And I think the most important thing I learned is what I was doing wrong. Self-editing is hard. You either decide everything you do is terrible, or you look through it with your rose-colored goggles and everything is great. And when I’m typing up these rejection letters and saying, this is why I don’t take your story – you know what? Most of my stories are doing the same thing. It really opened my eyes to all the things I need to fix.
AHHR: Looking over all the things you’ve written, it’s kind of hard to identify what is a Nathaniel Tower story. You write surreal, you write literary, you write genre – it’s all over the place. Moving forward, what is your ideal writing style?
NT: I’d say the surreal is where I’m most comfortable. Maybe it’s because the ideas I have are so ridiculous sometimes, maybe it’s because I’m not a literary writer with these amazing, prosaic descriptions….maybe that’s why I feel more comfortable in the surrealist realm. Maybe that’s what I have the most fun with. But all the writing I’ve done this year has been in the absurdist/surrealist genre, if we want to call it that.
And why has my writing been all over the place? Maybe it’s all the different stuff I’ve read, all the variety. I can’t really explain the diversity, but definitely I’m more surrealist.
AHHR: In your blog, you gave a variety of reasons for shutting down Bartleby Snopes. You just didn’t have the time anymore, you didn’t quite have the passion you once did….it seems like a lot of things that accrue over time. But was there any one moment where you realized it was time?
NT: I can’t think of any revelation. It was really just something that had been brewing for a while. Maybe when our second daughter was born I thought that I wasn’t putting my energy in the place it was best suited. But there was no single moment. It was more this culmination of things.
AHHR: When you made the announcement, it kind of seemed like you downplayed the significance. Kind of like, people would be sad, but another lit mag would come around and people would move on. But now that it’s been nine months, do you feel like you’ve left a legacy behind?
NT: You know if it’s missed, I’m missing the conversations about it. After the announcement, I had a handful of people saying they were sorry, but there was no outpouring of writerly tears, where an era was over. There have been tons of publications that have shut down. And for most of them there is this initial burst of sadness, and then no one is talking about it anymore.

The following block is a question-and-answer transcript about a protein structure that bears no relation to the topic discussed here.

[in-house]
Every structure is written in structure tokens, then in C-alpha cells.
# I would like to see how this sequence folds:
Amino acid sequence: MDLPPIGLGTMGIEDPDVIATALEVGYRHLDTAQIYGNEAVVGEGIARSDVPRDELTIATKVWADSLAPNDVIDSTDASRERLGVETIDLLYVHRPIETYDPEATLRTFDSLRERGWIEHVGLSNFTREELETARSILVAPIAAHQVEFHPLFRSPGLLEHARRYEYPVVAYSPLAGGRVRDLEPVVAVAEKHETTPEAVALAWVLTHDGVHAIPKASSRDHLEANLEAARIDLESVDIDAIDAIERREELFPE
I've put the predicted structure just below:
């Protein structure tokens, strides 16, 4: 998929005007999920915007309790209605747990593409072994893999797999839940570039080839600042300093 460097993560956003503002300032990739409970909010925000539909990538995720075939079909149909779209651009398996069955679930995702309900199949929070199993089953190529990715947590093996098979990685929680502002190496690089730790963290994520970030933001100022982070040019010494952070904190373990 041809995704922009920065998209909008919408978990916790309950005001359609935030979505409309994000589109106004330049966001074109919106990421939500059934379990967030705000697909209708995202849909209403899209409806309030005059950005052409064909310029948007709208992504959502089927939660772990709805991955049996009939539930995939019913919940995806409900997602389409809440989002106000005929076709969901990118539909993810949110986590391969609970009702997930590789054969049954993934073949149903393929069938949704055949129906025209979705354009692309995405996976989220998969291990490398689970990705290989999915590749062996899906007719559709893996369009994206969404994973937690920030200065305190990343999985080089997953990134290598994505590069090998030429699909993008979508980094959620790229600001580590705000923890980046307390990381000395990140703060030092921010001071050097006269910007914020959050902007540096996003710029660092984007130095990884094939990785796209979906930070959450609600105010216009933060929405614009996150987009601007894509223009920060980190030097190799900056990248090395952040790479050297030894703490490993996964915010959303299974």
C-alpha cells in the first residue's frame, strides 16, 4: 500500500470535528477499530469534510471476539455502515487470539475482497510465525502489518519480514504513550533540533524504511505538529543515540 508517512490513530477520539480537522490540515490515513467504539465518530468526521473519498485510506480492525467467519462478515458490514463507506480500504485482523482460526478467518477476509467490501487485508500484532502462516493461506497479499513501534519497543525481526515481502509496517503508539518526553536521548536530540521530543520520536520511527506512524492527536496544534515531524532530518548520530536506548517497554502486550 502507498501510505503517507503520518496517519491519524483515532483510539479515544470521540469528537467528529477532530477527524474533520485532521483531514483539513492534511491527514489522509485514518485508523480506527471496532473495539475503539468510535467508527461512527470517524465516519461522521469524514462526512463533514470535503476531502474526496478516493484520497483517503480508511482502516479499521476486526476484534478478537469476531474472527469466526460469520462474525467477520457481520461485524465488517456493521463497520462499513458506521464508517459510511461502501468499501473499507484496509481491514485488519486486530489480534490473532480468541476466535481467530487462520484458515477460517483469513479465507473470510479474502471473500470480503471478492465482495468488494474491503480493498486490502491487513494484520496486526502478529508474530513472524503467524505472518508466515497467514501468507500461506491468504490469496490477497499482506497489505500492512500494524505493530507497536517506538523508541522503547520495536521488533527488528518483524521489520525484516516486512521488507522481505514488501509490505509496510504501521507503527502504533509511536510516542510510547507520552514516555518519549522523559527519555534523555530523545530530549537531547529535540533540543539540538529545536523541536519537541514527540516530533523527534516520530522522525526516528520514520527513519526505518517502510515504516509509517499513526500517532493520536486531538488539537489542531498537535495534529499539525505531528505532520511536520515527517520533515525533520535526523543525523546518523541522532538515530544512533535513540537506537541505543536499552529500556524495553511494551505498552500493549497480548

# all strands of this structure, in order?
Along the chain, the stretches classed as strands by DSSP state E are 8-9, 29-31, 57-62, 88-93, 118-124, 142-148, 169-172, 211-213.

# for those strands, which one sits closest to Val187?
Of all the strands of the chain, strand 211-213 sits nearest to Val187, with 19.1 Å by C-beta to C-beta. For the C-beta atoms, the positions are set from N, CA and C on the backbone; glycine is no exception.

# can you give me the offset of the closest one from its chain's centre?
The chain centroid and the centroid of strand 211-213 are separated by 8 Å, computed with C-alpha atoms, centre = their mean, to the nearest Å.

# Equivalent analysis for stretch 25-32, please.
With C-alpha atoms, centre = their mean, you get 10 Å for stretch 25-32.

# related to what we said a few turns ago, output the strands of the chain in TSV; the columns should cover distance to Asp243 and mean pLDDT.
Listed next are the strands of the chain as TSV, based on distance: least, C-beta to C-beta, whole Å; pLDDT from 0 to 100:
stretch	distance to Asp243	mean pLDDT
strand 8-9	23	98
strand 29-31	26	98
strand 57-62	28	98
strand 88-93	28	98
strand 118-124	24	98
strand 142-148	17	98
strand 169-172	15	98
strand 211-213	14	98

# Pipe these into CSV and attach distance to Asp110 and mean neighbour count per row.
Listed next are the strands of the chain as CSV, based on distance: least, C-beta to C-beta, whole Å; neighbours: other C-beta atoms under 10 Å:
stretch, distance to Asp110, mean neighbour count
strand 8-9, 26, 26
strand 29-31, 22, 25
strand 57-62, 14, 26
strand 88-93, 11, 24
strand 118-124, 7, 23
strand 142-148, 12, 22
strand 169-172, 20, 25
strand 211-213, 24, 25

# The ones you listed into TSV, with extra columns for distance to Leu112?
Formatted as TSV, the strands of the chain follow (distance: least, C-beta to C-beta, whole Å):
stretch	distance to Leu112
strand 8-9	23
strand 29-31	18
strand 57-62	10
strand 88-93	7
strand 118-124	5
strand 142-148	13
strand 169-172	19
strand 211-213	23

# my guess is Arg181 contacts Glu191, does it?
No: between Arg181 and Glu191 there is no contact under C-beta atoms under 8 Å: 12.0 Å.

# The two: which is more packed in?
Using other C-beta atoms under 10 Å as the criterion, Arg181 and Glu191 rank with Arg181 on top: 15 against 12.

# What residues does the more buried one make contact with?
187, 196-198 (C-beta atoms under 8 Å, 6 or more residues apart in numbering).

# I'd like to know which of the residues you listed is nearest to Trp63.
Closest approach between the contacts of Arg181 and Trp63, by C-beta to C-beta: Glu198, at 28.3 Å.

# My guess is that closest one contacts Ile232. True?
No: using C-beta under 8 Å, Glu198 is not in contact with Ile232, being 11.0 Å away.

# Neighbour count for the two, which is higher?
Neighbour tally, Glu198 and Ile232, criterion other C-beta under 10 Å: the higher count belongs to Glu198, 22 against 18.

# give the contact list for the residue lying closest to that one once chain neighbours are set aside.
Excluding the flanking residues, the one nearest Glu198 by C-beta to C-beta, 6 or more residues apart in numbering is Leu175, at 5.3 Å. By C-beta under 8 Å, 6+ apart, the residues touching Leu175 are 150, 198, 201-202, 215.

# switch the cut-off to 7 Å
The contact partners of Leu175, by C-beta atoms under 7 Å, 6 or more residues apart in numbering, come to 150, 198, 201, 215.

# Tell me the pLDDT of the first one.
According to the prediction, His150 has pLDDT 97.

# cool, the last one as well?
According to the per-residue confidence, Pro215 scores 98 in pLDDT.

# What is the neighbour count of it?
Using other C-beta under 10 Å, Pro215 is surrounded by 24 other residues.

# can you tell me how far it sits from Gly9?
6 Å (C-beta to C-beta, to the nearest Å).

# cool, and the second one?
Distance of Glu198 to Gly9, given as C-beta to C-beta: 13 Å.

And I think this speaks to how much great stuff there is out there right now. There’s thousands of literary magazines out there, and, when one goes away, I don’t think it creates a huge hole in the literary community, no matter how big.
AHHR: Is there any scenario where you could see yourself editing again?
NT: In my current job, I’m writing website content and helping companies strengthen their brand voices. So really, I’m in a writing type atmosphere from 8:00 a.m. until 4:30 p.m. every day. And the thought of being an editor in that spare time doesn’t appeal to me at this point. If offered a great opportunity, I couldn’t say if I would or I wouldn’t. It would depend on what the opportunity was. I’m very content with where I’m at right now, and I just don’t see it in the near future.
AHHR: As far as your own writing goes, is there anything we can expect to see from you?
NT: There’s a novel I’ve been working on called The Funeral Attendee for the past six years, maybe seven years. I have a draft that’s finished now in the sense that it carries you from beginning to end, but it’s not the end product I want it to be. If I had to give one goal, it’s to get that thing finished. Not to get an agent or anything, just to finish it.
AHHR: One last question….you actually held a world juggling record?
NT: I did. It was the record for juggling backwards for a mile while running.
AHHR: That’s an impressive resume there. Literary magazine pioneer, juggling champion….
NT: I haven’t found a huge market for juggling writers yet. If there is a market, I think I can make something of it. For Drunk Monkeys once, I read a story while juggling. Probably more entertaining than watching a guy running backwards.
AHHR: Anything else you’d like to say?
NT: I’m going to finish this novel. It’ll do all the talking.
Need more Nate? Check his personal blog at https://nathanieltower.com/